In use, a batter would put on a pair of the gloves of the present invention prior to batting. If the gloves have a separate support frame 3, this would be put on after the gloves are on. Use of the present invention would insure proper placement of a batter's hands on the bat through alignment of the fingers as well as provide proper hand position while the player is swinging, as well as requiring that the player "roll" his/her wrists properly at the end of the swing. Therefore, the player will have to hold the bat in the proper position, and this positioning of the hands and the rigidity of the support 3 will teach a player the proper way to hold a bat and the proper way to swing the bat. In addition, the gloves will provide added wrist and hand protection from the impact of the bat hitting a ball.
Extended use of the present invention with young players would teach proper hand and wrist positioning from the proper initial grip to the proper follow through of the swing. Over a period of time, the player would learn through "muscle memory" the correct way to hold and swing a bat.
Although the batting glove and the method of using the same according to the present invention has been described in the foregoing specification with considerable details, it is to be understood that modifications may be made to the invention which do not exceed the scope of the appended claims and modified forms of the present invention done by others skilled in the art to which the invention pertains will be considered infringements of this invention when those modified forms fall within the claimed scope of this invention.
|Cited Patent||Filing date||Publication date||Applicant||Title|
|US3606319 *||Dec 29, 1969||Sep 20, 1971||Gold Palm Enterprises Inc||Bowling aid|
|US5184815 *||Jan 21, 1992||Feb 9, 1993||World Wide Concessions, Inc.||Baseball bat grip training aid and method for using same|
|US5218719 *||Feb 24, 1992||Jun 15, 1993||Johnson Glenn R||Batting glove|
|US5353440 *||Feb 3, 1993||Oct 11, 1994||Meldeau William B||Grip glove|
|US5435013 *||Oct 12, 1993||Jul 25, 1995||Davis; Patricia J. F.||Gripping glove|
|US5471681 *||Jan 31, 1994||Dec 5, 1995||Ferrini; Tom||Glove having a hook for steadily holding a container|
|US5471682 *||Feb 22, 1994||Dec 5, 1995||Robins; Bert T.||Batting glove having a ridge for use with the upper hand|
|US5634214 *||Oct 17, 1994||Jun 3, 1997||St. Ville; James A.||Golf glove and golf gripping method|
|Citing Patent||Filing date||Publication date||Applicant||Title|
|US5983397 *||Jan 14, 1999||Nov 16, 1999||Seminara; Robert S.||Batting glove|
|US5987646 *||Feb 16, 1999||Nov 23, 1999||Bolmer; Stephen G.||Padded batting glove|
|US6088834 *||Jan 14, 1999||Jul 18, 2000||Seminara; Robert S.||Batting glove|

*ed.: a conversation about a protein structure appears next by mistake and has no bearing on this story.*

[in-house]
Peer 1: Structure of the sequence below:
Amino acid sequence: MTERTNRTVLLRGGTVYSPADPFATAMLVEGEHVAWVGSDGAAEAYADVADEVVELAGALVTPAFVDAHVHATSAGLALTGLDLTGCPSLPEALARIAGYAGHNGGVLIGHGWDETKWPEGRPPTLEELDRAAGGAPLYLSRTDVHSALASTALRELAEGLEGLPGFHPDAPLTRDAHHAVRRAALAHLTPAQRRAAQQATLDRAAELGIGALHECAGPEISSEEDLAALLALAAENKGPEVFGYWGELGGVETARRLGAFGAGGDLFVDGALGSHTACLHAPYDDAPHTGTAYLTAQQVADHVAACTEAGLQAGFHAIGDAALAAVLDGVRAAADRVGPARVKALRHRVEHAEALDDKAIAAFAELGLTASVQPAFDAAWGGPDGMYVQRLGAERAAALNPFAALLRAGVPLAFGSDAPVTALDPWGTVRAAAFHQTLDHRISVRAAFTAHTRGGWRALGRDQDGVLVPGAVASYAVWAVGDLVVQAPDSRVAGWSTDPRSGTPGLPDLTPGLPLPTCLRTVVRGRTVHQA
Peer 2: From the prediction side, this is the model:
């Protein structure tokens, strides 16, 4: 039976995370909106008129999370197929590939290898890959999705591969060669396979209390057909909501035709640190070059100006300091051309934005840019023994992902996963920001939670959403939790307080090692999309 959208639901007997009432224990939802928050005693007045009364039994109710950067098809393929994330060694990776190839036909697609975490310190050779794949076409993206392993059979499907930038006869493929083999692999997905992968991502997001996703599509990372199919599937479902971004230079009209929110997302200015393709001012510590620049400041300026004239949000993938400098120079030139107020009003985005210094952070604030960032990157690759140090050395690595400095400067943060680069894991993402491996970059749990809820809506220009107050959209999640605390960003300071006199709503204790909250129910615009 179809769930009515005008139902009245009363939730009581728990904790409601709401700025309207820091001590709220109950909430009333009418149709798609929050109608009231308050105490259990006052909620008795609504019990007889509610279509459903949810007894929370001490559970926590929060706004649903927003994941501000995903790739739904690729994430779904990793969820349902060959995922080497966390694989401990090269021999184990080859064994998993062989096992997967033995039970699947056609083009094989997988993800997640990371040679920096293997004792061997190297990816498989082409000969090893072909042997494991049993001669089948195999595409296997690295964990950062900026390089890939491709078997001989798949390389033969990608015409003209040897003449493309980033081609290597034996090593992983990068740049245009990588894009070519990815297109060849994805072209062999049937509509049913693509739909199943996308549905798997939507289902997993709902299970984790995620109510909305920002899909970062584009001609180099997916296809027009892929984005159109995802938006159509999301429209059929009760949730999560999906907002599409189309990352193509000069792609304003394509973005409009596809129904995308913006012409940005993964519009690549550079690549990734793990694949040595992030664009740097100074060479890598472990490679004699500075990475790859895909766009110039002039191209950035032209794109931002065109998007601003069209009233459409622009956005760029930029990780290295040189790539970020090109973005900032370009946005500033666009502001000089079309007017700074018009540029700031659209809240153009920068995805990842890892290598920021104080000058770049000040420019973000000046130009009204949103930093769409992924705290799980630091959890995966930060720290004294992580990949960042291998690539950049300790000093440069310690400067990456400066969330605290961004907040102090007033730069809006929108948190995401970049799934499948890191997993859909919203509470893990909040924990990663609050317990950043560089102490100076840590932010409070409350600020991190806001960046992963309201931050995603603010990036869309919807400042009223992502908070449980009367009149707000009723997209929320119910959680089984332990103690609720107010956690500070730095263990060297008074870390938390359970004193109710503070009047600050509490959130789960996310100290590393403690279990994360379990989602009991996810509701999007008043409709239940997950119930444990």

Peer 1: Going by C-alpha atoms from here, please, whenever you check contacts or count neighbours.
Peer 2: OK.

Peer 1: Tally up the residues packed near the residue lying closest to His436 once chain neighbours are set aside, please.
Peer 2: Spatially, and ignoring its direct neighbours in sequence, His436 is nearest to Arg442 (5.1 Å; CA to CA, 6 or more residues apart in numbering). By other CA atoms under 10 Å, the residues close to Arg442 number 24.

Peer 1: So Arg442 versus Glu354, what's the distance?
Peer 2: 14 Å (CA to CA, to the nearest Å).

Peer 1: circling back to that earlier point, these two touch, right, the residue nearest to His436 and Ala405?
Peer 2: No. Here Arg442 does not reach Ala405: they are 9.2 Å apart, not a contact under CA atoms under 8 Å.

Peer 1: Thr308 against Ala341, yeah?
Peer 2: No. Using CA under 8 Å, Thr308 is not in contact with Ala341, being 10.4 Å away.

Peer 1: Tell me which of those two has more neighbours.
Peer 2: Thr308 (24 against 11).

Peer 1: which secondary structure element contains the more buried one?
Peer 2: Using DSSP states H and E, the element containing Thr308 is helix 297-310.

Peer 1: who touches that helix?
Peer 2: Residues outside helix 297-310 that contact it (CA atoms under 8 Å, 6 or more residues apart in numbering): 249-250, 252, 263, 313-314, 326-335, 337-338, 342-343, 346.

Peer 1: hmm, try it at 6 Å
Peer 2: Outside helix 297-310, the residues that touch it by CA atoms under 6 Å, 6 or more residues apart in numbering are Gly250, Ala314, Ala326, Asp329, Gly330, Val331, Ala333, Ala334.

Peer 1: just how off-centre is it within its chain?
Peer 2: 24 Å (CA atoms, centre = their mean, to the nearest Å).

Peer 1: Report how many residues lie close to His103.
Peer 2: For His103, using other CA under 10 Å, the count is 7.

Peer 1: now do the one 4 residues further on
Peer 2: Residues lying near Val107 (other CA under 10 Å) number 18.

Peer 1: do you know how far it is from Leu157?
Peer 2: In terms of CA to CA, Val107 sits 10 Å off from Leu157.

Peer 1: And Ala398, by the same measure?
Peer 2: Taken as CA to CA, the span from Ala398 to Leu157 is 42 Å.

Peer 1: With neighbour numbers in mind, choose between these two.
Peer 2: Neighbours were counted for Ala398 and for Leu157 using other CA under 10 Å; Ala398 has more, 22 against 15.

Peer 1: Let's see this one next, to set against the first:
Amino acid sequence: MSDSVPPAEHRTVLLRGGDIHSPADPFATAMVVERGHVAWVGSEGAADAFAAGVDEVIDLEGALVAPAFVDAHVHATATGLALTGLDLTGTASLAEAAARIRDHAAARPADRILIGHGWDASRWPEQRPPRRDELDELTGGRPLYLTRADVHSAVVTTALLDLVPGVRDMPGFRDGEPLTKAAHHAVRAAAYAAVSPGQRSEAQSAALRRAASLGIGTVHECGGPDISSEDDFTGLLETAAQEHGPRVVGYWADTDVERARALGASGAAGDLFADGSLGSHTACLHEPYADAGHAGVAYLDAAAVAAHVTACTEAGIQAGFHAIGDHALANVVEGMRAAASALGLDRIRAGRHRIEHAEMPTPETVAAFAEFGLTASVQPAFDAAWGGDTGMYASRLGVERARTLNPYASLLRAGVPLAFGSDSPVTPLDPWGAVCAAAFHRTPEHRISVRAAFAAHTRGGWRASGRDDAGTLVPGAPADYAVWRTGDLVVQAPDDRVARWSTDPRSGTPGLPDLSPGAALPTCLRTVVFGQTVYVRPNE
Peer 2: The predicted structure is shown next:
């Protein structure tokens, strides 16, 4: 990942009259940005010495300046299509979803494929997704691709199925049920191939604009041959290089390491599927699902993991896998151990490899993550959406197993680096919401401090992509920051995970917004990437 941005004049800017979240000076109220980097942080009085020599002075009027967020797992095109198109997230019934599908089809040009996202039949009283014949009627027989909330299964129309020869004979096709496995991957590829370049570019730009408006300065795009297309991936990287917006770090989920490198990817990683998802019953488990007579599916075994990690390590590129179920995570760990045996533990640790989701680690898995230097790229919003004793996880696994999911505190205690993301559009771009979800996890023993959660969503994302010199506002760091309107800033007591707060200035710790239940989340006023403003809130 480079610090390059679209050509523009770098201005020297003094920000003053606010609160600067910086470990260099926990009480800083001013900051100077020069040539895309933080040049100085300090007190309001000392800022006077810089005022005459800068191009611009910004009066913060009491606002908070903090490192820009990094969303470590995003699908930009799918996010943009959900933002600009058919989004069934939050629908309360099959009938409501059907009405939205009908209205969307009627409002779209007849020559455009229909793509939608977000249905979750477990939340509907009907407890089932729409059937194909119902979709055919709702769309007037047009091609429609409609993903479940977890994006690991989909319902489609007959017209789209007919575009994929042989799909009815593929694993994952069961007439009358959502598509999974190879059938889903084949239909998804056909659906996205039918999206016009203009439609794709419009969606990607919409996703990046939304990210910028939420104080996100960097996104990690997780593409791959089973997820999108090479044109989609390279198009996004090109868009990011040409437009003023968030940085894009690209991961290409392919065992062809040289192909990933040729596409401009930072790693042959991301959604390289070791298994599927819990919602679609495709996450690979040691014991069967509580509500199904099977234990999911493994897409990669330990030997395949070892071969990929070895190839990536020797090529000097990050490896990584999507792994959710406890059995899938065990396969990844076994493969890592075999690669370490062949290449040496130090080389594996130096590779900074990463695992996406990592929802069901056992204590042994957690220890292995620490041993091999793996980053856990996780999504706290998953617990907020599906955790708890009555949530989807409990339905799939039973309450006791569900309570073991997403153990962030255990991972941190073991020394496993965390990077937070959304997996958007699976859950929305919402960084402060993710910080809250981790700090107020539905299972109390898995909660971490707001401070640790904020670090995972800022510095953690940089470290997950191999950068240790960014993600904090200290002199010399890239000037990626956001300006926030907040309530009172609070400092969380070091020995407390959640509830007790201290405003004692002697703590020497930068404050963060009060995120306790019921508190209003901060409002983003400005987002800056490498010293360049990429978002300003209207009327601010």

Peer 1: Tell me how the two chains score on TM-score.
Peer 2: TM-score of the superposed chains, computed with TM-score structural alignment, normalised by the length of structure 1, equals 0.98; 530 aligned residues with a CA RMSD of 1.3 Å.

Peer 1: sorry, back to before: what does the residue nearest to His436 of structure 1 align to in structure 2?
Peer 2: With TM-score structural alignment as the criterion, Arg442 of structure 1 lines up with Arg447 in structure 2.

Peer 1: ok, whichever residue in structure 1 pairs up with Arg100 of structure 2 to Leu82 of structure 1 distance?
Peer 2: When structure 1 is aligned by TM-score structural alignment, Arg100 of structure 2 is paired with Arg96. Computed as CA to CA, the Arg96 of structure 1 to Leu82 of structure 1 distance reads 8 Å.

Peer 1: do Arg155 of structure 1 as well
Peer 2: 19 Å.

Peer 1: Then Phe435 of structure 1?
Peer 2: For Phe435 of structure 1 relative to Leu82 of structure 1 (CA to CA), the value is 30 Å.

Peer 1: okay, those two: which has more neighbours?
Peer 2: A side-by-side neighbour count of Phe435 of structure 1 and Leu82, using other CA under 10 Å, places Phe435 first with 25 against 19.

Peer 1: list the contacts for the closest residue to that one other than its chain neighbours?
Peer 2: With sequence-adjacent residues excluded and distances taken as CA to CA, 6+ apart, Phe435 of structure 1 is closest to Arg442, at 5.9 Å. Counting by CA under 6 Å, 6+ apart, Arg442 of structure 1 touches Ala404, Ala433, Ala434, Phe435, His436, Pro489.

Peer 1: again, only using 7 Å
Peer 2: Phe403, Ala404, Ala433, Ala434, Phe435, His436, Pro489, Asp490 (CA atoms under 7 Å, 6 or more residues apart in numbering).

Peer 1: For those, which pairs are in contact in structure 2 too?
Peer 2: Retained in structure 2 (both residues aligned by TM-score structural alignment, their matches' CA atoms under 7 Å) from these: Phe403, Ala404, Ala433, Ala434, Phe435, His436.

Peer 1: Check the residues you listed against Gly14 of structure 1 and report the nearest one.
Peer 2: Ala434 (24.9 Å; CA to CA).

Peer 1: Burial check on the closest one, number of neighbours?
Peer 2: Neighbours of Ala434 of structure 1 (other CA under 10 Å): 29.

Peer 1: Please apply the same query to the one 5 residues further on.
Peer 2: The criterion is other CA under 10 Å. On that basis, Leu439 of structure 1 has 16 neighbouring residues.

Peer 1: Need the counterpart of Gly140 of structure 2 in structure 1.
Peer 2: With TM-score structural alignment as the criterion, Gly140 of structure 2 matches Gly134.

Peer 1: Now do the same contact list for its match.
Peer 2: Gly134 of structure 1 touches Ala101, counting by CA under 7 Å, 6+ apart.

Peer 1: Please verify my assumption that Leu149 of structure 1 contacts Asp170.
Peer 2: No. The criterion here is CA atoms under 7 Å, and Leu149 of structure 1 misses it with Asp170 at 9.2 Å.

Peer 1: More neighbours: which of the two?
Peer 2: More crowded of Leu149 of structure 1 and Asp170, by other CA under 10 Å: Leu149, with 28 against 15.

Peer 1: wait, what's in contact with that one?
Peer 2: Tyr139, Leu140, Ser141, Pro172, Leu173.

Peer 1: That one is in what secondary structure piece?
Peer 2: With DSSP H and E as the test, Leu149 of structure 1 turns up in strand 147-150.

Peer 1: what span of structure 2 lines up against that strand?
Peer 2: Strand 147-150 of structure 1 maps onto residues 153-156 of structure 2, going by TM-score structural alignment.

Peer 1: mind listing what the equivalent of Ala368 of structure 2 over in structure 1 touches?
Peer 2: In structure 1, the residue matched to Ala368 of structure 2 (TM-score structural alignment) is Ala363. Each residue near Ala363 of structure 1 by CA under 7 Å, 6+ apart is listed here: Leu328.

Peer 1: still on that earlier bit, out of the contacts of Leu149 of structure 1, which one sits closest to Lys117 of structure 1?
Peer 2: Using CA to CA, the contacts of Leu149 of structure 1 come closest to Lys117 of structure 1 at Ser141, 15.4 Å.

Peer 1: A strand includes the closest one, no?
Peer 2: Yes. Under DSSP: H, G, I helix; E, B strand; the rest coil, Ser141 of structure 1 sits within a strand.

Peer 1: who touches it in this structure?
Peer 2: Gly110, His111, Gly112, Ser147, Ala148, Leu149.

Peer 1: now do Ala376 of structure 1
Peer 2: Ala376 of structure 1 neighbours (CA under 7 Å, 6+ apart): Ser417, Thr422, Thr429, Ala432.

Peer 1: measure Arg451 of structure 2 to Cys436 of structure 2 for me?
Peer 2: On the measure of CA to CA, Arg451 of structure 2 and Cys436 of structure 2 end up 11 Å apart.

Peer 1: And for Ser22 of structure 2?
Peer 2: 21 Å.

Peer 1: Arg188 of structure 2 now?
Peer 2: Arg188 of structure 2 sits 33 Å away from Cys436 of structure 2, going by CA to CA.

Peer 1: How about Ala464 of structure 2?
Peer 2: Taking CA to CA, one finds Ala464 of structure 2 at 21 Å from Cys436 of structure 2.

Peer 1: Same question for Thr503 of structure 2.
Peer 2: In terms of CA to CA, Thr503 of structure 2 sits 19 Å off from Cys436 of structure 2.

|US6231464 *||Jun 3, 1998||May 15, 2001||Kevin D. Curtis||Training device for a baseball batter|
|US6275996||Jan 28, 2000||Aug 21, 2001||Acushnet Company||Articles with removable elements|
|US6611962||Jun 26, 2001||Sep 2, 2003||Acushnet Company||Articles with removable elements|
|US6732377||Sep 22, 2000||May 11, 2004||Staygripped Limited||Handle-grip and sport gloves|
|US6810531 *||Sep 10, 2003||Nov 2, 2004||James A. Lento||Drum glove|
|US7211004 *||May 24, 2004||May 1, 2007||Demarco Joseph||Golf glove and system for grip assistance|
|US7882571||Jan 18, 2006||Feb 8, 2011||Etonic Worldwide, Llc||Golf glove with thumb support|
|US20050268372 *||May 24, 2004||Dec 8, 2005||Demarco Joseph||Golf glove and system for grip assistance|
|US20060130210 *||Dec 22, 2004||Jun 22, 2006||Paul Gait||Glove with interchangeable padding|
|US20070174948 *||Jan 18, 2006||Aug 2, 2007||Etonic Worldwide Llc||Golf glove with thumb support|
|US20070287550 *||Apr 18, 2007||Dec 13, 2007||Demarco Joseph||Golf glove and system for grip assistance|
|US20130197411 *||Feb 22, 2011||Aug 1, 2013||Chrisofix Ag||Palmar thumb and thumb saddle joint splint|
|WO2002024010A2 *||Sep 24, 2001||Mar 28, 2002||Staygripped Limited||Golf gloves|
|WO2002024010A3 *||Sep 24, 2001||Jun 13, 2002||Paul Richard Wilkinson||Golf gloves|
|WO2013026156A1 *||Aug 16, 2012||Feb 28, 2013||Seize And Persist Inc.||Stick handling training glove|
|U.S. Classification||2/160, 2/161.1|
|International Classification||A63B69/00, A63B69/36, A63B23/12, A63B71/14|
|Cooperative Classification||A63B21/4017, A63B71/146, A63B69/0002, A63B69/3608, A63B2209/10|
|European Classification||A63B69/36B, A63B71/14G6|
|Sep 16, 2002||FPAY||Fee payment|
Year of fee payment: 4
|Oct 25, 2006||REMI||Maintenance fee reminder mailed|
|Apr 6, 2007||LAPS||Lapse for failure to pay maintenance fees|
|Jun 5, 2007||FP||Expired due to failure to pay maintenance fee|
Effective date: 20070406